Then there were those who didn't show up. There were 4.1 million fewer Republicans voting this year than in 2004. Some missing Republicans had turned independent or Democratic for this election. But most simply stayed home. Ironically for a campaign that featured probably the last Vietnam veteran to run for president, 2.7 million fewer veterans voted. There were also 4.1 million fewer voters who attend religious services more than once a week. Americans aren't suddenly going to church less; something was missing from the campaign to draw out the more religiously observant.

    In a sign Mr. Obama's victory may have been more personal than partisan or philosophical, Democrats picked up just 10 state senate seats (out of 1,971) and 94 state house seats (out of 5,411). By comparison, when Ronald Reagan beat Jimmy Carter in 1980, Republicans picked up 112 state senate seats (out of 1,981) and 190 state house seats (out of 5,501).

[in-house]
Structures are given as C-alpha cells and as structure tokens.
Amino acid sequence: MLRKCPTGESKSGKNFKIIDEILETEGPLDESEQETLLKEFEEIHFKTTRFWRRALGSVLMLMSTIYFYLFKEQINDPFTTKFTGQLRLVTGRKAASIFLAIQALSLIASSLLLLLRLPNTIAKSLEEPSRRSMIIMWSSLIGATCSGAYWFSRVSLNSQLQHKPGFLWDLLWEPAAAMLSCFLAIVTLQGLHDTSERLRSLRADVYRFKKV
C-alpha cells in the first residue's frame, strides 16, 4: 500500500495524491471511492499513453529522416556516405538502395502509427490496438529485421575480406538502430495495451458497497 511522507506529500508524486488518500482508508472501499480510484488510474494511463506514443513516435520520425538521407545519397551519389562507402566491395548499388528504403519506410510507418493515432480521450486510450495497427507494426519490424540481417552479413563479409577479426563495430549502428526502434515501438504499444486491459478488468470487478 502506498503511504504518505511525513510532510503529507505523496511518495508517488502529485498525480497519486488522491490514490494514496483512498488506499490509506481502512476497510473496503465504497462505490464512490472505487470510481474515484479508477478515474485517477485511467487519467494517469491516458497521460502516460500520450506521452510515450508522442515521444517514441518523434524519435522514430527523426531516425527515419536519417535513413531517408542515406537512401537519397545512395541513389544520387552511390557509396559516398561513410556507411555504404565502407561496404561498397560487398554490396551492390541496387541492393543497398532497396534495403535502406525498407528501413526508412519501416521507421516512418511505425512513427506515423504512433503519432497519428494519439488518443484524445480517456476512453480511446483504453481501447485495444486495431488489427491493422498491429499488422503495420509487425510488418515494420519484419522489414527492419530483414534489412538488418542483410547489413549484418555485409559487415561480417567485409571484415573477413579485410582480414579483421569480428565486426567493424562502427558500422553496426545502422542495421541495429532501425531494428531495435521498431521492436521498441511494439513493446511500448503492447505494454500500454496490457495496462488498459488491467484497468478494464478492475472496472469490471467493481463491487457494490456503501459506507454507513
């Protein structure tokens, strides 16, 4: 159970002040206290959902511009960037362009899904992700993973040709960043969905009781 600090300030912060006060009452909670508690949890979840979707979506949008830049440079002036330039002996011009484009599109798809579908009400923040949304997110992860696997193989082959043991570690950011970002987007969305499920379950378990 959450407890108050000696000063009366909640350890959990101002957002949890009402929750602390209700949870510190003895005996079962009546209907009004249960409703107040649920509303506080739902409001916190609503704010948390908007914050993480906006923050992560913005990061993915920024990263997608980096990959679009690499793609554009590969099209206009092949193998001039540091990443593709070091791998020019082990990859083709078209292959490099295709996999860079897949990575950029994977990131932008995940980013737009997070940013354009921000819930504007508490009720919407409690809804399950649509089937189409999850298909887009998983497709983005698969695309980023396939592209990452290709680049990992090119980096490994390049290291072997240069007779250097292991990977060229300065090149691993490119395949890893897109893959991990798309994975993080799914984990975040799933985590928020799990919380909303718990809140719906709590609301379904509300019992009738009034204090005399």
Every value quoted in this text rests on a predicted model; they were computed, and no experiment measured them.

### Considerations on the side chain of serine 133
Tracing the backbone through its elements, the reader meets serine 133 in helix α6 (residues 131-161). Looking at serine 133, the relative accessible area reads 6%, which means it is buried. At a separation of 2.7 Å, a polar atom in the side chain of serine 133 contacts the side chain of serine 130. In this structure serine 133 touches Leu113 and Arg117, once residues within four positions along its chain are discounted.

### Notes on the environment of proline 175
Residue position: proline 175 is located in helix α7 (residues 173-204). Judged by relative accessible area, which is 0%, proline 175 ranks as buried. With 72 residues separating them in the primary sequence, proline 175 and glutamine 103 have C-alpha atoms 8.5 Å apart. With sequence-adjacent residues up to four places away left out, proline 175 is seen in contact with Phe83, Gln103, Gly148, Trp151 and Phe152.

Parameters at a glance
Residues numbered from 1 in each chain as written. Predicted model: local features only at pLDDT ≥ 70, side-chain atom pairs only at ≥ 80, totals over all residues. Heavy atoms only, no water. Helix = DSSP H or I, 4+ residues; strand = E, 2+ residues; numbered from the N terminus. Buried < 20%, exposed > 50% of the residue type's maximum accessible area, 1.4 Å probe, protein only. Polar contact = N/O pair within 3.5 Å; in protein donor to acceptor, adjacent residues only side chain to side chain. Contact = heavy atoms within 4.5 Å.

In the states this year, five chambers shifted from Republican to Democrats, while four shifted from either tied or Democratic control to Republican control. In the South, Mr. Obama had "reverse coattails." Republicans gained legislative seats across the region. In Tennessee both the house and senate now have GOP majorities for the first time since the Civil War.